Hell, yeah, we want the world to know that Mississippians are now willing to demand justice even for the cases that the national (and local) media have neglected for so long. We are heeding our consciences and Ms. Bender's call, whether or not anyone out there takes notice.
We mourn the fact that Mississippi has had more than our fair share—more than any state's share per capita—of bigots and Klansmen and lynch mobs, and we're sick of neighbors who rationalize our ugly race past and try to use lingering bigotry to get votes for corporate cronies with few of our best interests at heart, no matter what race we are. (Ahem, Guv.)
Facing this legacy, and reversing the effects of it, is the cross that Mississippians bear. Many of us know it, live it, breathe it, push for the redemption and deliverance from evil every day of our lives.
What is news is the sheer number of people who are publicly climbing on board now. The reasons are varied, and some arguably more honorable than others. But when you grow up in this state wanting nothing more than for your neighbors to realize how ugly racism is, praying to live among people who wantjustice in old Klan murders, you don't go around obsessing over whose reasons are more cynical. When you suddenly read a (whining!) editorial in Wyatt Emmerich's Northside Sun (which historically has seemed to celebrate white flight more than anything else) saying that elected officials like our attorney general are prosecuting old civil rights cases because it's the politically correct thing to do now, you turn on the strobe lights and pass the tumblers of Jack Daniels.
People, that is the Mississippi we want to live in. Party on.
But even if our national critics acknowledge that, well, Mississippi is starting to turn, rather than burn, they still have to bash us for it. We get articles like Ms. Dewan's—poorly written and riddled with passives and unnamed "skeptics"—that cynically lambaste Southerners for doing what they (rightly) harangued us all those years for not doing.
Mississippi should not pursue our past to make outsiders happy, or to help bring business here, or to make us more attractive to tourists. Sure, those are benefits, but they are fringe. We must face our past and understand what was wrong with it and how it still affects our present and future for ourselves; Mississippians of all races absolutely must tell our own stories, our way, with love and hopefully some forgiveness, and with unflinching honesty.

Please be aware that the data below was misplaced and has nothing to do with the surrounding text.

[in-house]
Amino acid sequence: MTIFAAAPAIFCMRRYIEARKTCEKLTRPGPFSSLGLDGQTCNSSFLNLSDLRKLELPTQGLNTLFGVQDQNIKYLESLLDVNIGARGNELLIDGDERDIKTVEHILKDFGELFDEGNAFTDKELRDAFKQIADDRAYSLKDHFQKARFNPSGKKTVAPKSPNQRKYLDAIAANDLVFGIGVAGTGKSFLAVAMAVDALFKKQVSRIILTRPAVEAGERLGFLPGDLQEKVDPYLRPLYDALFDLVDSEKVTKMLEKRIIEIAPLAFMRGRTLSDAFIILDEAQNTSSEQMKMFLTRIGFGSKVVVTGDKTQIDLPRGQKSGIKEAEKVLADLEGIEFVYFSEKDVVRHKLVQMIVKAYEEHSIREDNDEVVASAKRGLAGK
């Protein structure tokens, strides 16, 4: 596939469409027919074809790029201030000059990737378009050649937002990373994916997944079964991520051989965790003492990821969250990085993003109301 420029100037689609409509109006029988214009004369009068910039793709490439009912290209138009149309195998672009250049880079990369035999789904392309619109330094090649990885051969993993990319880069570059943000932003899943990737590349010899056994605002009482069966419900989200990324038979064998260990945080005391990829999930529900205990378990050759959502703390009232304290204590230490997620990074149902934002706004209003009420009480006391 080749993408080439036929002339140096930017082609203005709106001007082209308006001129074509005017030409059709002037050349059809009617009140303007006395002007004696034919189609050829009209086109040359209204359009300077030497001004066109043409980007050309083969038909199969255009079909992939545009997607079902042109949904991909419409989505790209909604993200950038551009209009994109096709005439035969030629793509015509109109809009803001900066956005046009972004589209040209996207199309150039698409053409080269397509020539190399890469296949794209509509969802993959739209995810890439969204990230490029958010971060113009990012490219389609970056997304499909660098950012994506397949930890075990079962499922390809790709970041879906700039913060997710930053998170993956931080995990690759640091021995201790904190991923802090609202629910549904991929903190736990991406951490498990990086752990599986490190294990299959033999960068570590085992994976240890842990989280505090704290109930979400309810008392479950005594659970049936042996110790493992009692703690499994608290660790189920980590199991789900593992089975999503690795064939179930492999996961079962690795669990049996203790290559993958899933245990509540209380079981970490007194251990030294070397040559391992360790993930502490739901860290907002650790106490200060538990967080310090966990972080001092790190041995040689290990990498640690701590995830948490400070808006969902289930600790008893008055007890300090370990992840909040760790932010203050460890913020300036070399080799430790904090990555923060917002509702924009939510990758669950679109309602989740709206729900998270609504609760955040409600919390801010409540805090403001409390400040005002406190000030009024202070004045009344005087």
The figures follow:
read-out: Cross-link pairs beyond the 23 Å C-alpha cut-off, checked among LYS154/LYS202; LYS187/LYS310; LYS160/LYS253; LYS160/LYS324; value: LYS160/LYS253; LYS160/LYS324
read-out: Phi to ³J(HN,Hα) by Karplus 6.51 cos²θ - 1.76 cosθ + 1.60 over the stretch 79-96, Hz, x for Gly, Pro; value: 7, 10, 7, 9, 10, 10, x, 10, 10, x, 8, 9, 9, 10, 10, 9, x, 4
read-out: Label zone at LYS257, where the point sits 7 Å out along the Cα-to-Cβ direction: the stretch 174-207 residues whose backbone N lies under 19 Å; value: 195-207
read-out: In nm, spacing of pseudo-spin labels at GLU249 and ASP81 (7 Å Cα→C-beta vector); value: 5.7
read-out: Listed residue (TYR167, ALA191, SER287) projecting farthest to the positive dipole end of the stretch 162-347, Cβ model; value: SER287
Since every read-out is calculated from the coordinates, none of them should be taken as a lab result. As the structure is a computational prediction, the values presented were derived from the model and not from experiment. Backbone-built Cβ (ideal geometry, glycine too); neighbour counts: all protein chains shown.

Meantime, I've grown to believe that many people out there want Mississippi to fail, for us to continue to be the bigots everyone hates so, presumably, they can feel better about Brown University being named after a slave-trader or the urban ghettos that too many corporate reporters, and elected officials, still ignore. They want us to remain the ignorant whipping boys and girls of this country. They want to believe someone is doing even less than they are to help race healing in America.
We, however, have a different plan.
See Donna Ladd's blog at donnaladd.com
Read the JFP's full package of stories about the Klan and their victims in and around Natchez and Meadville, Miss., in the 1960s:
I Want Justice, Too: Thomas Moore's Story, July 21, 2005
A Dream Deferred, July 27, 2005
Franklin Advocate Editorial and Thomas Moore Response, July 28, 2005
Evolution of a Man: Lifting the Hood in South Mississippi, Oct. 26, 2005
Daddy, Get Up: This Son of Natchez Wants Justice, Too, Oct. 26, 2005
Dear Meadville: Thomas Moore Tries to Wake Up His Hometown, Oct. 26, 2005
Editor's Note: Damned If We Don't, Oct. 26, 2005
Also see: JFP Blog: Mississippi v. Edgar Ray Killen, June 2005
There is a slight tweak in this column as posted here. In the print version, I referred to "a case that even reporter Jerry Mitchell had said would never be re-opened." What I should have said was "would never be prosecuted," as it now says below.
Jerry, of The Clarion-Ledger, helped get the case re-opened a few years back, but little has happened on it. He said in an interview earlier this year that "Thomas Moore lost a brother to the Klan in the Summer of í64 but is not bitter. He remains an inspiring man, yet he will never see justice for his brother because authorities have closed that case."
He may be right, but I hope not. And, truthfully, because so much of the media thought one of the main suspects was dead until Thomas' trip down there in July, which we covered, that mistaken notion (of Seale's death) might have influenced his statement.
Either way, from what I've seen about this case, I believe it should be investigated thoroughly, and should yield prosecutions if enough energy is put into it. The two main suspects are alive, at leat some witnesses may still be, the murders were likely talked about openly and with pride, and there are piles of FBI documents. It's not like there is no evidence to start with. I believe it's more about the will to prosecute this case at this point.